The English word bible comes from the Greek word βιβλια — biblia, which means writings. Another common English word from that same root is bibliography. Just as a bibliography is the list of publications that were used as the basis for another book or research paper; the Bible is used by the Church as a reference work for study in matters of faith and practice. There was a time when we did not refer to it simply as the Bible but the Holy Bible. We did that at a time even before there was such a thing as The Surfers' Bible. 

There is an uneasy line between tradition and the written Word.  Even among Christian groups that highly value to the notion of Church Tradition as a parallel witness, what we refer to as the Bible is considered important. The Jews have a great body of traditional works in the Mishna, Talmud, and Medrash that constitute such traditional witness, but they will tell you that, apart from some details, all of this can be derived from the study of what is written. The other important caveat is that you really cannot understand the written tradition without the oral one.

In Jewish tradition, it is said that the Torah has 70 "faces," that is, it can be learned in 70 perspectives. Additionally in each of these perspectives there are four levels of understanding. Clearly the study of the Bible can be a complicated business and there are many who have spent lifetimes in its study.

These pages are intended to provide an organized introduction to the Bible for people with limited familiarity with it. This site is the outgrowth of a number of years of teaching Bible classes in Christian Churches so the perspective is largely Christian. There are links to Jewish sites to get Jewish perspective because Christianity began as a sect within Judaism.

My observation has been that many possess a familiarity with different pieces of the scripture without a general knowledge of how it all fits together. The focus of this section of this site is to retell the Biblical story. Rather than approaching the Bible from the critical point of view that is so common today we will focus on what it says. Rather than looking at where the documents that came to be the Bible came from we will look at the story they tell. Having said that there are some words about translations and the order of the books that make up our Bible, even lists of the books that are considered inspired by various Jewish and Christian groups. The inclusion or exclusion of these books do little to change the overall story.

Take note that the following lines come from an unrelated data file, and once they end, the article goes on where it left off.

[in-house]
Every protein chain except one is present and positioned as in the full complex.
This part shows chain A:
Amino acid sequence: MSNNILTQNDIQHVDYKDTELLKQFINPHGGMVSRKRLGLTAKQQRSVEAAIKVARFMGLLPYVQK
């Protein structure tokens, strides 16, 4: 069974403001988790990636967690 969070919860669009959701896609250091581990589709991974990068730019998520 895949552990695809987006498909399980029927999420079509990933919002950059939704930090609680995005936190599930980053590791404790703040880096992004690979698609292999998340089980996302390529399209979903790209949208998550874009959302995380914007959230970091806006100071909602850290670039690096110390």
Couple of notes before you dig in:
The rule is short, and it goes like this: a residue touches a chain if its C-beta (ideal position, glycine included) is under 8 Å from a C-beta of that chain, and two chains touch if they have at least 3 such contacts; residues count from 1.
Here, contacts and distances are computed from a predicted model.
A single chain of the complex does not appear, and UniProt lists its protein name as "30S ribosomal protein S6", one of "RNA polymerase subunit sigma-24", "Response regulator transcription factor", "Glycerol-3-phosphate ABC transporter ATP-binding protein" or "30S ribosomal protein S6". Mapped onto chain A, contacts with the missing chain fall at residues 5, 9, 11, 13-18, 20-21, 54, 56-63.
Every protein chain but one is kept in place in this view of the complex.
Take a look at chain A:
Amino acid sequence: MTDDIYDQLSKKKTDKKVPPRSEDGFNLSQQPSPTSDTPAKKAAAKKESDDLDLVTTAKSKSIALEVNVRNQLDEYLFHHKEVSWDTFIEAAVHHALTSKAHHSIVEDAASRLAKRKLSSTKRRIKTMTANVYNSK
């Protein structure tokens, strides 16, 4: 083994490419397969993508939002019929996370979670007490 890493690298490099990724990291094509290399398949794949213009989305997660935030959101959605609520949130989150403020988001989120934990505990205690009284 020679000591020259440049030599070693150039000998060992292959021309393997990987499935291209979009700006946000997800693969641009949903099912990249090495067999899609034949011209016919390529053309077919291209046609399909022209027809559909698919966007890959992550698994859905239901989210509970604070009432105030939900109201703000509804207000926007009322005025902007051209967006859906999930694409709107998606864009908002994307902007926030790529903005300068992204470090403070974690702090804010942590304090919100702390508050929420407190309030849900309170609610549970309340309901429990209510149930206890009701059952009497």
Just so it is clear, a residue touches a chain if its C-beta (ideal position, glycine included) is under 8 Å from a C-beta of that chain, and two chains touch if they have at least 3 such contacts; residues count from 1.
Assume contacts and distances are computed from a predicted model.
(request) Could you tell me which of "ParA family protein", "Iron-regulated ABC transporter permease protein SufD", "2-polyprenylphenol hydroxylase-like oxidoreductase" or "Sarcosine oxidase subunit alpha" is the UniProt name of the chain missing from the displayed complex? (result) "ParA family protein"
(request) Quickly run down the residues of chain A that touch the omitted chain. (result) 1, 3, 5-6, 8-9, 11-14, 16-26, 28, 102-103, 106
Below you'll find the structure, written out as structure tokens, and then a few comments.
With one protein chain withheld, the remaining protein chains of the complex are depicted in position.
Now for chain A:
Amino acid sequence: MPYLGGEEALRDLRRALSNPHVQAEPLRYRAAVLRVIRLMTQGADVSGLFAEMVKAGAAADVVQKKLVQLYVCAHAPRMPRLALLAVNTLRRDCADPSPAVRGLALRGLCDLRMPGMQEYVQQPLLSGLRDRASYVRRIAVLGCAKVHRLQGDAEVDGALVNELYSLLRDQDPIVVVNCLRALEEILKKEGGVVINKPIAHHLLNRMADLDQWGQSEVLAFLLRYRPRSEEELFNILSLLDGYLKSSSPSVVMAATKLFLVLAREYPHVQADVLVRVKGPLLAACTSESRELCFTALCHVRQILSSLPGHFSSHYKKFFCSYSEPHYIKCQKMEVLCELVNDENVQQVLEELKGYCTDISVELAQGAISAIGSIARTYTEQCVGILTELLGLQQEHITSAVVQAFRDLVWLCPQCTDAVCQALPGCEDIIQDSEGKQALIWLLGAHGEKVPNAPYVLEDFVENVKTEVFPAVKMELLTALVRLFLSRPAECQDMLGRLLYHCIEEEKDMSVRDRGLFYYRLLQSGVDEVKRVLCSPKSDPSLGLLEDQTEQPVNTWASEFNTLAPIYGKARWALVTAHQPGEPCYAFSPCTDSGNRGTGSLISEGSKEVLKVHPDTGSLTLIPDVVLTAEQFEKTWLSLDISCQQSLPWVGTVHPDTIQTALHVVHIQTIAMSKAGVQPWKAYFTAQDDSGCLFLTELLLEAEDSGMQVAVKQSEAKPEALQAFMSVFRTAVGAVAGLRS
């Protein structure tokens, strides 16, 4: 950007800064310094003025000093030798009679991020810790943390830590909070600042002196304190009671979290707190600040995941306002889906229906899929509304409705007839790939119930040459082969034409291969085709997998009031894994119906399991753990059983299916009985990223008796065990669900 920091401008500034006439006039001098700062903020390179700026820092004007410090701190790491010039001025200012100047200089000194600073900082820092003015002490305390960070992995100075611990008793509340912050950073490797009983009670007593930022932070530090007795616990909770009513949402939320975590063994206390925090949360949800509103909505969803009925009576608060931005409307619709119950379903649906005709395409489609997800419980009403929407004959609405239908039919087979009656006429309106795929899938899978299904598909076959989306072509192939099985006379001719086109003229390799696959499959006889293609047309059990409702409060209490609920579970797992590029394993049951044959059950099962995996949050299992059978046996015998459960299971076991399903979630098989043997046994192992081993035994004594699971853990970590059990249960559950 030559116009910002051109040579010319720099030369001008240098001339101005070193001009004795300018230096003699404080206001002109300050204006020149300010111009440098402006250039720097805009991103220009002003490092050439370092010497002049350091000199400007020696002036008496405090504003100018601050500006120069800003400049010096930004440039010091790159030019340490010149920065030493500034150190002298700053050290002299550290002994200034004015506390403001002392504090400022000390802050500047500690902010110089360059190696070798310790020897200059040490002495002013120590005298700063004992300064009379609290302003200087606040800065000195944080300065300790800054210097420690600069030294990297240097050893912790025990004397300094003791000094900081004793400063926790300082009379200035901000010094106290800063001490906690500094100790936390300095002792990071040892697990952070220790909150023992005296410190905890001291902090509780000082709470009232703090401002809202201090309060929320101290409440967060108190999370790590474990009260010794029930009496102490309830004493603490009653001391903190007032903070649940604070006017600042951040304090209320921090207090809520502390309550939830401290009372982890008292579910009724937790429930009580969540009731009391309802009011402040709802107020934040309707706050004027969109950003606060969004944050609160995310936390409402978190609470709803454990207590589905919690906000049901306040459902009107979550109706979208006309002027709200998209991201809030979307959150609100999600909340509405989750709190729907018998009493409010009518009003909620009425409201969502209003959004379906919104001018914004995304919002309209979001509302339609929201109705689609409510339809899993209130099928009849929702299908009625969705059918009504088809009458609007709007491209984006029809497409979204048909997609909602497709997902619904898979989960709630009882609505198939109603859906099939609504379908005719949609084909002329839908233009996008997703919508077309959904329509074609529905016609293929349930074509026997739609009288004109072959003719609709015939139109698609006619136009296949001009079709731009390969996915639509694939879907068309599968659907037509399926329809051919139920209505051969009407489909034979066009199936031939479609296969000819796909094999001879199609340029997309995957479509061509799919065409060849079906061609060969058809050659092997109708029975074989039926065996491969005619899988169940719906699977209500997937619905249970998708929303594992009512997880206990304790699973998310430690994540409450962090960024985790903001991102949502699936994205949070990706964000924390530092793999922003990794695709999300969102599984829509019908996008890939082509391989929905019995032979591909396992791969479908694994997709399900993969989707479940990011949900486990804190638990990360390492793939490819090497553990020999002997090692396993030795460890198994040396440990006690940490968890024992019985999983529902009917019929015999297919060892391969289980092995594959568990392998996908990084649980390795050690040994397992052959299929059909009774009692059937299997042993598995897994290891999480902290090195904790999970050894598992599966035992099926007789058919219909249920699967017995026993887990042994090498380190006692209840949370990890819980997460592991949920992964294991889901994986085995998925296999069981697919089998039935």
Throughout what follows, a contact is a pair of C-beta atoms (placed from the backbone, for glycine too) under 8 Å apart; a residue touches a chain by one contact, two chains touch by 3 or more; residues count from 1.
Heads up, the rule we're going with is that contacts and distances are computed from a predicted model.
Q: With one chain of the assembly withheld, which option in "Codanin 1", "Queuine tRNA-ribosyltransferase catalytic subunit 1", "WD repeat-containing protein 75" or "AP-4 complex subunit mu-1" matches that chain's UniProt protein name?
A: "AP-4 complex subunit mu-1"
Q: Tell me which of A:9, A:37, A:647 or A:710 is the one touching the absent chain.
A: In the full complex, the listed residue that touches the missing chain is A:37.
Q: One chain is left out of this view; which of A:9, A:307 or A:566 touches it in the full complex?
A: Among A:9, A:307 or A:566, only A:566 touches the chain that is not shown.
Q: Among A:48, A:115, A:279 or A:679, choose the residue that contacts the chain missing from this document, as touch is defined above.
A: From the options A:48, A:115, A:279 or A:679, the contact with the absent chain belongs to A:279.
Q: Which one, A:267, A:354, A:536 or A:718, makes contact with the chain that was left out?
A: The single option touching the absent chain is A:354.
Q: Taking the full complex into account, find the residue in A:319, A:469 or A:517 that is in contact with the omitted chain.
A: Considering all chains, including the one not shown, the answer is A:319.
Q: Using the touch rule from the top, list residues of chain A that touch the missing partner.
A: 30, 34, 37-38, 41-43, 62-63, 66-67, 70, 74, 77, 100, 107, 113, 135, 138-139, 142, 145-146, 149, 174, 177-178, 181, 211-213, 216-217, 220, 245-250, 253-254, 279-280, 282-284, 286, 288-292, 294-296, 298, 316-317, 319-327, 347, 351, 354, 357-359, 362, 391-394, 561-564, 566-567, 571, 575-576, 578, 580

The books of the Bible are generally grouped topically. Within a division they are often grouped chronologically. There are different threads of story line and message and even different versions of the same story. These are sometimes grouped together and sometimes not. The retelling here is going to follow the canonical order of the books with an eye on some overarching themes.

The other guiding principal is a theory of religious development known as "Original Monotheism." (see Origin.) Original Monotheism holds that all of mankind at one time knew and worshiped a single all powerful God. Further a single all-powerful God figures in most all religious traditions. Generally this God is dwelling in some unapproachable state. Thus the different religious systems are developed to allow man to approach the unapproachable. We can see this illustrated in the story that is related in the Bible with the distinction that the God of the Bible is actively seeking man. We also see that the farther man gets from creation the less comfortable he seems to be with the notion that he can, or even would desire to, have fellowship with this God. Of the three popular theories of religious development only Original Monotheism puts God at the center of the religion rather than man.